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December 5, 1966

Induced Hypothermia is Not "Artificial Hibernation"

Author Affiliations

From the Division of Medical Sciences, Smithsonian Institution, Washington, DC.

JAMA. 1966;198(10):1074-1078. doi:10.1001/jama.1966.03110230090019

The bleakness and chill of autumn evenings forewarns of the coming hostile winter season. Instinctively, a vast segment of the animal kingdom, unable to migrate to a more optimum biologic climate, prepares itself for survival. Through a variety of incredible methods, learned by each surviving species during millenniums of wintering experience, they prepare for their "winter sleep."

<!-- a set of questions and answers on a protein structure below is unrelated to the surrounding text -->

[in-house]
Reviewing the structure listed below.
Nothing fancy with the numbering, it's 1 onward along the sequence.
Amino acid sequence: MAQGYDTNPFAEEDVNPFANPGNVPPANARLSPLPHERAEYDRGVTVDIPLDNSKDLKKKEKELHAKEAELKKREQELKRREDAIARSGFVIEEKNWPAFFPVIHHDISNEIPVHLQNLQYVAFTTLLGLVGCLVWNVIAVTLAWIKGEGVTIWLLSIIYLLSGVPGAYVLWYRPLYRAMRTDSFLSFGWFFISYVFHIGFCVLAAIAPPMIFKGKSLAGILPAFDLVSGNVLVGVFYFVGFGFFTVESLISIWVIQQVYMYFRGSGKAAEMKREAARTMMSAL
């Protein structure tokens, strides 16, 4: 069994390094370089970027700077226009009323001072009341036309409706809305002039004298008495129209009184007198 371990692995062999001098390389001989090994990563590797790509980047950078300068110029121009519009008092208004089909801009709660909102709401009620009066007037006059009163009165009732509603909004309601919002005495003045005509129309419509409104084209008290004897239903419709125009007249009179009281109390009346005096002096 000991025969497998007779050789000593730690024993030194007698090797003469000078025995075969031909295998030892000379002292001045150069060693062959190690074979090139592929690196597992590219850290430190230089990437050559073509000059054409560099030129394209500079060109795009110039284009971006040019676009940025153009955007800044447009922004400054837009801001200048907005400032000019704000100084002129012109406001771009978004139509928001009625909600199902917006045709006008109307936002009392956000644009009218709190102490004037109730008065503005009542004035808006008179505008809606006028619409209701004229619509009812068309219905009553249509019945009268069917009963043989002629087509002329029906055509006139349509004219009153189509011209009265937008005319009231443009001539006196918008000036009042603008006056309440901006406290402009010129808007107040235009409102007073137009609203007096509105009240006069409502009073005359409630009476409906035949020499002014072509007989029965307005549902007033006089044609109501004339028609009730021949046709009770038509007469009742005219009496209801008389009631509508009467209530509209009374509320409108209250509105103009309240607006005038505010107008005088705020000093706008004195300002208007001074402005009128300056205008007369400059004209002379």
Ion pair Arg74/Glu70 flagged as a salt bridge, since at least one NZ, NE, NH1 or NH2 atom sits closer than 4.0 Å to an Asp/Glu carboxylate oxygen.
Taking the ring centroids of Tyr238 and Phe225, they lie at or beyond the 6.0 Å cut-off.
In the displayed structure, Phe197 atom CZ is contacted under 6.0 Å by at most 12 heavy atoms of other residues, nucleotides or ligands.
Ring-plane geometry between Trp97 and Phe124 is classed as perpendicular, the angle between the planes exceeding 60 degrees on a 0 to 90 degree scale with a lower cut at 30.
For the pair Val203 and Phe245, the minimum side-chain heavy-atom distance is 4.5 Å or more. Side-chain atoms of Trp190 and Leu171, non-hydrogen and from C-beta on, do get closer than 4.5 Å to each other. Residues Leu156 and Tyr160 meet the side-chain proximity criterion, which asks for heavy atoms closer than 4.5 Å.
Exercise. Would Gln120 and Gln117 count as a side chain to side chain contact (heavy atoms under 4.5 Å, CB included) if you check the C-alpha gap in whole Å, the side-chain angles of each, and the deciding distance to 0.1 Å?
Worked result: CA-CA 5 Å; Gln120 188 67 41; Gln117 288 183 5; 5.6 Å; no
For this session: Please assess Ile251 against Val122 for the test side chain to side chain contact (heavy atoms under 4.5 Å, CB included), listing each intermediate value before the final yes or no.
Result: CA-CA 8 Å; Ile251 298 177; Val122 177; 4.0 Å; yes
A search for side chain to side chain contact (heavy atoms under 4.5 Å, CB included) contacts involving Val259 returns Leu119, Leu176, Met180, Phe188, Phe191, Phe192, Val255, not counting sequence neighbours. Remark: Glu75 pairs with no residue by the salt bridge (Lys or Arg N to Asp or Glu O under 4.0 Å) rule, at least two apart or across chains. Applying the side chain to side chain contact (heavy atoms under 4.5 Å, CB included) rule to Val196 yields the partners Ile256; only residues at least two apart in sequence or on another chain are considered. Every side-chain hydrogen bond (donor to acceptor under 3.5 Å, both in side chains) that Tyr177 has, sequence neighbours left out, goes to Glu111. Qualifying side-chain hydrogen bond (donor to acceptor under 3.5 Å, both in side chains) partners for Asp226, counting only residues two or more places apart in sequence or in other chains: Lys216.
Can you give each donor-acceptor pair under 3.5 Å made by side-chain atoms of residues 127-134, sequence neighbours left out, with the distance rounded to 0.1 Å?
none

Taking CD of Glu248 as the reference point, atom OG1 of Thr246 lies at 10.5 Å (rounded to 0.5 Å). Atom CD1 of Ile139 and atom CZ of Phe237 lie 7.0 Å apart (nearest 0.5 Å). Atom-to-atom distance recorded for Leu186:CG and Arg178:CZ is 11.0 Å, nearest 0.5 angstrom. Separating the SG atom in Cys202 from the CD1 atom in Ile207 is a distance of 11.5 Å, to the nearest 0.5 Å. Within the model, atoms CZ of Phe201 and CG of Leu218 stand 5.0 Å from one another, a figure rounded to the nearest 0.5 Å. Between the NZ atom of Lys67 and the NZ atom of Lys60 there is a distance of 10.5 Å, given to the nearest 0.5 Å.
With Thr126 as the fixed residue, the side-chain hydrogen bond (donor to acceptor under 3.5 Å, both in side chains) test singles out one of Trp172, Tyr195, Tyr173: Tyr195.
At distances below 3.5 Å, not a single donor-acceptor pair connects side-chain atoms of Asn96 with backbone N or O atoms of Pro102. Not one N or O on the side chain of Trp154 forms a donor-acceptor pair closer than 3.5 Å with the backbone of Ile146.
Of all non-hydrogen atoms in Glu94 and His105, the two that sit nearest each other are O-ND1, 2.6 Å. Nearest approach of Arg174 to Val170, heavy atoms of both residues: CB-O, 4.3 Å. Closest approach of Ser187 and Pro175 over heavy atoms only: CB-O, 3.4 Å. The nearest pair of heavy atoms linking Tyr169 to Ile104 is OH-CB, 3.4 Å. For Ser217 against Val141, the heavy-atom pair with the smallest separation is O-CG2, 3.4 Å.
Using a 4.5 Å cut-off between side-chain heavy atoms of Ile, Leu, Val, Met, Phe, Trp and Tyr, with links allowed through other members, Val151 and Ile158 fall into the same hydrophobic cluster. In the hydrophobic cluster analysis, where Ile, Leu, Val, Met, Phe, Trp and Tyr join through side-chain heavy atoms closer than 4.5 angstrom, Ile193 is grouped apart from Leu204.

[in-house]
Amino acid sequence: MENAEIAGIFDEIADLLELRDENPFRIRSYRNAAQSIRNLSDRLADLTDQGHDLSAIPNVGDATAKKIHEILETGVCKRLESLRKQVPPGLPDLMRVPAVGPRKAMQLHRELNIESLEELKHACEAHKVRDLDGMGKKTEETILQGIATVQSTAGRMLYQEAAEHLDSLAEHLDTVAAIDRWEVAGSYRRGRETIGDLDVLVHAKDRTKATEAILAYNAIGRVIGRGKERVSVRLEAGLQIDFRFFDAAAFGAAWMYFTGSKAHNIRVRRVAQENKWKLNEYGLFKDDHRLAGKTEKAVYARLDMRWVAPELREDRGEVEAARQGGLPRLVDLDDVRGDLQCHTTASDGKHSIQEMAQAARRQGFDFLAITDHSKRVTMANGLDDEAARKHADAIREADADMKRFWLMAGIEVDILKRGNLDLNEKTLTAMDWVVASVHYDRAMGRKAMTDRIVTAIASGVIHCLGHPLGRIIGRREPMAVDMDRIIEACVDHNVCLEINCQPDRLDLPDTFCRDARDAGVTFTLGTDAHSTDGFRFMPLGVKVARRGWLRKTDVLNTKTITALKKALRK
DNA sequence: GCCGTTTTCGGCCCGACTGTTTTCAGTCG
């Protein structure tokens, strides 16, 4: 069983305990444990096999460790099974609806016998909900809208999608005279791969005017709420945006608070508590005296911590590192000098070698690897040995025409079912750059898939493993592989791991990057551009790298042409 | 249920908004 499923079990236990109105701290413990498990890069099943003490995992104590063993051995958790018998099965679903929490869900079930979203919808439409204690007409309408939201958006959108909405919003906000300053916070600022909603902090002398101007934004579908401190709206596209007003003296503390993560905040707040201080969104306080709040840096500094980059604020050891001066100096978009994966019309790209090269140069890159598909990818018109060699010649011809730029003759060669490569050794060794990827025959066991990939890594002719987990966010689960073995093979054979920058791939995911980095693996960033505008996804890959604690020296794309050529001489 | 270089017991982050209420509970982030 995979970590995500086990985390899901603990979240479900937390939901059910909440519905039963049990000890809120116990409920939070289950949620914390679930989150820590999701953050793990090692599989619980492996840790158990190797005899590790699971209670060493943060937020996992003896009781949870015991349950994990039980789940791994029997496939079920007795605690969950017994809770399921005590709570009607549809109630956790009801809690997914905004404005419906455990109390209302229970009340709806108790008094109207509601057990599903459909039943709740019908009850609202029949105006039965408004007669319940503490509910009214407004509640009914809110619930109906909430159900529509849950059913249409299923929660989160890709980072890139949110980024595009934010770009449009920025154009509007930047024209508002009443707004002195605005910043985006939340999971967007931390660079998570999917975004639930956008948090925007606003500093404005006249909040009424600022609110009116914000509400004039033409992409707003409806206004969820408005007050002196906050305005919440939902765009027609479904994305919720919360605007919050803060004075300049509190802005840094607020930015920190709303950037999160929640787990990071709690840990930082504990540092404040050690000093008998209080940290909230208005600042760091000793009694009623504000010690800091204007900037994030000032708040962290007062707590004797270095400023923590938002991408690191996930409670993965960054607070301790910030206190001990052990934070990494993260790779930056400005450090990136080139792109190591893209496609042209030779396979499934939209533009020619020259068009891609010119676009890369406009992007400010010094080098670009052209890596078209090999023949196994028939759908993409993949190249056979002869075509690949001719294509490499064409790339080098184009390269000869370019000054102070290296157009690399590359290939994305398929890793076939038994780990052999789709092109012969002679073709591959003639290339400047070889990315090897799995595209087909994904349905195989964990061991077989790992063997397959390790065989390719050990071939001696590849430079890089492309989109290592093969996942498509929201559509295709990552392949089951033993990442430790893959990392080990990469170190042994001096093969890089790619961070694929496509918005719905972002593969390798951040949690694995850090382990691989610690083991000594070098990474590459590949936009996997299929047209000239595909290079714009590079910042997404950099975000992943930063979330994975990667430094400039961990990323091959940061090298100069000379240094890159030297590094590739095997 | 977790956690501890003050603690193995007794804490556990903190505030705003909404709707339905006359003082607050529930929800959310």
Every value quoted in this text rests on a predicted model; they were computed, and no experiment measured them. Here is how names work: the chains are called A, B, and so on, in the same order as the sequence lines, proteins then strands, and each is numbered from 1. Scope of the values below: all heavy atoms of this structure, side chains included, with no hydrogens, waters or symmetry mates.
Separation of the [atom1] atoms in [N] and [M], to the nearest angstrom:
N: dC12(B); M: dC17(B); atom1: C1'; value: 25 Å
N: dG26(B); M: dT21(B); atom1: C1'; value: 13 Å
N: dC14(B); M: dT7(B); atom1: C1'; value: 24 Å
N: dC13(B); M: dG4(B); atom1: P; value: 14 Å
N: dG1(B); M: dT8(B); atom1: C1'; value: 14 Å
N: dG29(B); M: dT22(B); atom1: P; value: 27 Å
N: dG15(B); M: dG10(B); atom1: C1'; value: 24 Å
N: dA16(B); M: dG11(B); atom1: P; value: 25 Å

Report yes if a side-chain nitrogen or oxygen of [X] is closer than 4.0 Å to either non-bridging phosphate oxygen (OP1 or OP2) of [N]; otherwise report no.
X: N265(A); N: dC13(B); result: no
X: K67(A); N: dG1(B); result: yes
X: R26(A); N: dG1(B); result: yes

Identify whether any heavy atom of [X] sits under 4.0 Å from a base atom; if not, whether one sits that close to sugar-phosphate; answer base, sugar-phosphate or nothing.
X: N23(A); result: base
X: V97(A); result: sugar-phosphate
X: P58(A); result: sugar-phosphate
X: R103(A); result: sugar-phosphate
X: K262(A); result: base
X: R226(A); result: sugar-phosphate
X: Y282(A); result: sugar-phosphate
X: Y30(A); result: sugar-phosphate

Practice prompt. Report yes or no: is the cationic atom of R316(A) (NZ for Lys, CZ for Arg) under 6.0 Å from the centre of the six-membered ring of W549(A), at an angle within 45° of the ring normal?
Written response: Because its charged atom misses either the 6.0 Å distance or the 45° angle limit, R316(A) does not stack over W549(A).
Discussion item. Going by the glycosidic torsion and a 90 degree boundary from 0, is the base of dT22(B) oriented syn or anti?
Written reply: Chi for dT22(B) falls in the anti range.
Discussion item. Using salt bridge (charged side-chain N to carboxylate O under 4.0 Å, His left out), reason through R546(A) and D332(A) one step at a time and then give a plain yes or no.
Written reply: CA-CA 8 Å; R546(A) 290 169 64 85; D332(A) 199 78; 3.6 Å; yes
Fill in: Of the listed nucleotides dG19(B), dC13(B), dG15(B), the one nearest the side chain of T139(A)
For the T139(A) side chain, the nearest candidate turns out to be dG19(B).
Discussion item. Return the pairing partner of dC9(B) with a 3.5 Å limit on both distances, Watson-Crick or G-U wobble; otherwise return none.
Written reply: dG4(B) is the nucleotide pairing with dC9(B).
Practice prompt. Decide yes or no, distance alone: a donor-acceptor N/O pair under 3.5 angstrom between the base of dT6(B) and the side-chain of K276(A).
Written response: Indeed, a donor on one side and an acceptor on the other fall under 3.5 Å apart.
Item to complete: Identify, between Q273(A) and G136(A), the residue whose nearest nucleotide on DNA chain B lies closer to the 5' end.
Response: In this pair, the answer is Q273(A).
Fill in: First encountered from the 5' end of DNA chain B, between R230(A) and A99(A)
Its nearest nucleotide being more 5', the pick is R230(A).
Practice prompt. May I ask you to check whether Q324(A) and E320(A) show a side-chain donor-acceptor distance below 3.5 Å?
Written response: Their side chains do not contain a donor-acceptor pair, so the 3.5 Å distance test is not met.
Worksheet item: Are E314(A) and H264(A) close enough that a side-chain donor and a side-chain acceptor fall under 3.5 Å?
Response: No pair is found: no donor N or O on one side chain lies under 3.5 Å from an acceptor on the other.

Almost every earthy aspect becomes a dormitory of sleeping creatures. The frozen earth appears barren and quiet though stocked with countless living forms. The life-and-death interspecies warfare of ordinary life temporarily ceases and natural foes slumber at close quarters beneath swamp mud, in the crevices of rocks, under the stiffened heaps of rotting vegetation and in dead wood. The carpenter ants burrow deeply into their microclimate chambers beneath tree bark and long tortuous tunnels deep in the earth become sleeping galleries for innumerable worms.

Larger and more highly developed members of the kingdom